Retaining and Inspiring Your Top Talent

Use The Right Approach To Keep The Right People.

Business woman portraitMost of us have experienced the frustration of having a high potential employee leave our organization. Whether they left to join another company or to pursue personal interests, it makes us question: what could we have done differently or better to engage them enough to stay? According to research done by Challenger, Gray & Christmas, a Chicago-based Outplacement Firm, 91% of HR Executives believe the war for talent will escalate if the economy stays on it current track and 75% of those polled report that they are unable to fill their current open positions.

This data is a wake-up call for all organizational leaders. Top talent retention is no longer the sole responsibility of the Human Resources function but rather a significant business challenge for the entire Executive Team.  Indeed, 57% of 4700 companies surveyed by, cited “Keeping High Performers” as a top business concern, up from 20% in 2010. So what do we do? The key to keeping your best talent is to better understand what makes them excel in your culture and to avoid trying to please everyone and focus more on the individuals that truly make your organizations great.

The number one reason employees leave an organization, based on our research, is the leadership failure of key managers. Given that talented employees will always be in demand and susceptible to being recruited by other companies, it’s more important than ever to improve our leadership practices. If the game is becoming more competitive, we need to change the way we play. It is your responsibility as a leader, regardless of where you sit in your organization, to value and inspire your top talent and make leaving a difficult proposition. Here are a few suggestions for retaining the talent you want to keep:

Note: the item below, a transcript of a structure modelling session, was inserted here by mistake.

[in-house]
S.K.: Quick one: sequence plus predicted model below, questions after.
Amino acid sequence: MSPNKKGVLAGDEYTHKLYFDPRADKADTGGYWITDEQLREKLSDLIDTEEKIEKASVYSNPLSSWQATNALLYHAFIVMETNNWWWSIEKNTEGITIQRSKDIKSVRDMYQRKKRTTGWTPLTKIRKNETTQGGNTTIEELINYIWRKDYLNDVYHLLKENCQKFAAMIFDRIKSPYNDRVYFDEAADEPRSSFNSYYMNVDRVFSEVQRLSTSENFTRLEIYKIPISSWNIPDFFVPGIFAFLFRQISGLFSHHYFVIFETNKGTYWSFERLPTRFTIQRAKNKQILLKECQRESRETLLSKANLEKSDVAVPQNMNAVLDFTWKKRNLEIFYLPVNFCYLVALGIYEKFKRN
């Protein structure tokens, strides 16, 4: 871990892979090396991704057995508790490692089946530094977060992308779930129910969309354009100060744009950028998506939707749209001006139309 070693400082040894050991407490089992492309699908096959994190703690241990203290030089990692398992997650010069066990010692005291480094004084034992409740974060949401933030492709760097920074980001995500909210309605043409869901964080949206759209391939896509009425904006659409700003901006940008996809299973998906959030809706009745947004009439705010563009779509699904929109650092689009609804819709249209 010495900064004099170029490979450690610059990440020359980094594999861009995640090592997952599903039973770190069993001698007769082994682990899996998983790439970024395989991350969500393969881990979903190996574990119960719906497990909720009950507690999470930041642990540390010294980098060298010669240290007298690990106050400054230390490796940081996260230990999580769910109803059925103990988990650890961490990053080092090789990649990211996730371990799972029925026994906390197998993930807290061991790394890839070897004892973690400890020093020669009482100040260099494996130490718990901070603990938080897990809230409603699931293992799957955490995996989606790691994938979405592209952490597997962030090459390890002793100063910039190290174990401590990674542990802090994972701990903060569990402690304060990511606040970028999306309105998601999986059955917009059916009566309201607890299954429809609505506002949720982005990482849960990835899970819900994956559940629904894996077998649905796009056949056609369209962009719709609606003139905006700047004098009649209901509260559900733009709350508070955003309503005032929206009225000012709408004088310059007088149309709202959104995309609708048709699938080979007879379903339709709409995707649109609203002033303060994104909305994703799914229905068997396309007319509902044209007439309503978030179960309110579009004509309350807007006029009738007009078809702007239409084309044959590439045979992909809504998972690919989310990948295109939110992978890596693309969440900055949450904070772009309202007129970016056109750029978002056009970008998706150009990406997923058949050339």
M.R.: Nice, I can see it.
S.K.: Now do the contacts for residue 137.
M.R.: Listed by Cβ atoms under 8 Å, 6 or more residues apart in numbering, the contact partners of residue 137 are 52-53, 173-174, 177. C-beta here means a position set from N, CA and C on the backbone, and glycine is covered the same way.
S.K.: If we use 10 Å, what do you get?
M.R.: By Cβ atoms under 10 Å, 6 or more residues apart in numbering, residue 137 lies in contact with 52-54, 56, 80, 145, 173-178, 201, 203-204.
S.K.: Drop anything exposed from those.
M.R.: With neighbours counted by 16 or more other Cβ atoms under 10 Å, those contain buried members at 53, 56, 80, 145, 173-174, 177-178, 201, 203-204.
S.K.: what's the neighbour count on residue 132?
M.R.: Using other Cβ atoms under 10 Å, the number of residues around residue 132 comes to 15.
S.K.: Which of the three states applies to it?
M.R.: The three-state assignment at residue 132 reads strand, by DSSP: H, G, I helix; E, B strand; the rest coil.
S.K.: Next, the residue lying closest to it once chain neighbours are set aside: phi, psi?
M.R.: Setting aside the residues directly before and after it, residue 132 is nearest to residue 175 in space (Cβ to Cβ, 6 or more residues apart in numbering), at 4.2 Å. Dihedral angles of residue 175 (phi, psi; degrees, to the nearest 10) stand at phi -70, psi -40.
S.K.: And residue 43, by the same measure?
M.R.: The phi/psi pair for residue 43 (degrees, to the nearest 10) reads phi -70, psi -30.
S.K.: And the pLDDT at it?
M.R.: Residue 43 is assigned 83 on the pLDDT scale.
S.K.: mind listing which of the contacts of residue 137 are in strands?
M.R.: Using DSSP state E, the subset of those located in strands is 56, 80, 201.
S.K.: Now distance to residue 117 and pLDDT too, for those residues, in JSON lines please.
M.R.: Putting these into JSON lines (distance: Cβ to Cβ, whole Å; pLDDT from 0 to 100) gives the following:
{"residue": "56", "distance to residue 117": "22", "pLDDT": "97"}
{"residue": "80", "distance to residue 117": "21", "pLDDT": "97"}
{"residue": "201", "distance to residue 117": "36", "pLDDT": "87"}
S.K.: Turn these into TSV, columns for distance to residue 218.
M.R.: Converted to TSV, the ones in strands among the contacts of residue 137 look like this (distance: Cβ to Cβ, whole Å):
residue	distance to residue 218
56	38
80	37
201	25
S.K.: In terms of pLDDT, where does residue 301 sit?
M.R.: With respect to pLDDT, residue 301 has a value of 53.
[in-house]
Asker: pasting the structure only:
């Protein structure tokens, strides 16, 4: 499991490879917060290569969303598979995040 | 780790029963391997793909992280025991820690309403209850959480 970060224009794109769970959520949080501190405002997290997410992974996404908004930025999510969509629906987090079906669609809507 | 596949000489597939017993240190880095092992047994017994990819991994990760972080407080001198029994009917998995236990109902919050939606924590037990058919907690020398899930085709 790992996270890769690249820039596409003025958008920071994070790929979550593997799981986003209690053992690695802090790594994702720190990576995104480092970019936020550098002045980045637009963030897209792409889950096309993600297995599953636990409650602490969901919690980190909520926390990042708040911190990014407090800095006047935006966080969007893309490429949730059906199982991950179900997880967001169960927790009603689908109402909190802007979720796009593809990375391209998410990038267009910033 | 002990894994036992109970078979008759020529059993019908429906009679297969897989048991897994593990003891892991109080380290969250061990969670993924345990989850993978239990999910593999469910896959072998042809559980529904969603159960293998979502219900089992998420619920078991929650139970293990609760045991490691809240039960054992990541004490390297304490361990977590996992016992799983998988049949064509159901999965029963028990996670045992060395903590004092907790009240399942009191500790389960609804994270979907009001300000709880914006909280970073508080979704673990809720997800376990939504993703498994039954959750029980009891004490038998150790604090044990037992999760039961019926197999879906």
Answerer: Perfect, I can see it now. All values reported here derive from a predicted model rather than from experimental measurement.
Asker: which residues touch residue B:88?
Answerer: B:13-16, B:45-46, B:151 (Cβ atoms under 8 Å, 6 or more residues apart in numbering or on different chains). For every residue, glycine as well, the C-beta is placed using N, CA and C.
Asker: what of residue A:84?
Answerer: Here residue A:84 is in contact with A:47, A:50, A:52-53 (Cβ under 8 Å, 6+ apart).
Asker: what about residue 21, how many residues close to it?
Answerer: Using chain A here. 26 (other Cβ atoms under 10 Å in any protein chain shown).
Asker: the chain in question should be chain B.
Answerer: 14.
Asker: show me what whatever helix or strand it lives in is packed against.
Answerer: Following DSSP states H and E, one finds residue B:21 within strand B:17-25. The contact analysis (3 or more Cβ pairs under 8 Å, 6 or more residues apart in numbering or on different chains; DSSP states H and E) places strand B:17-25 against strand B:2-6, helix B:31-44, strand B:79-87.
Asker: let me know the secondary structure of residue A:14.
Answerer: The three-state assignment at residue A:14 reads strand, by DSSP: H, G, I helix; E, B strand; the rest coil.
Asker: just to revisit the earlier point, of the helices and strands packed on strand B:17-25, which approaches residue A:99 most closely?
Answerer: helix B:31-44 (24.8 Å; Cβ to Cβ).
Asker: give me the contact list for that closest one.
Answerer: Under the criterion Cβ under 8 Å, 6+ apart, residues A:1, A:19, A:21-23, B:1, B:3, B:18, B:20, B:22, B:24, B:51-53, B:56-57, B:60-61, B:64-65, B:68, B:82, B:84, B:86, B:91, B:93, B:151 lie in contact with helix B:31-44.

It takes tremendous effort to recruit the most talented candidates into your organization and then develop them into productive assets. These people have the most opportunities from which to choose. To have the greatest chance of success, we must create a culture that is challenging, fun and rewarding (both intrinsically and financially). Great people attract other great people. And the more great performers that exit through the back doors of your company, the fewer great replacements you will hire. Successful people want to work for a winning team. Nurture and value your top human capital—remember, it is no longer your right to get the best talent, it is your privilege.

Contributed by Howard Morgan

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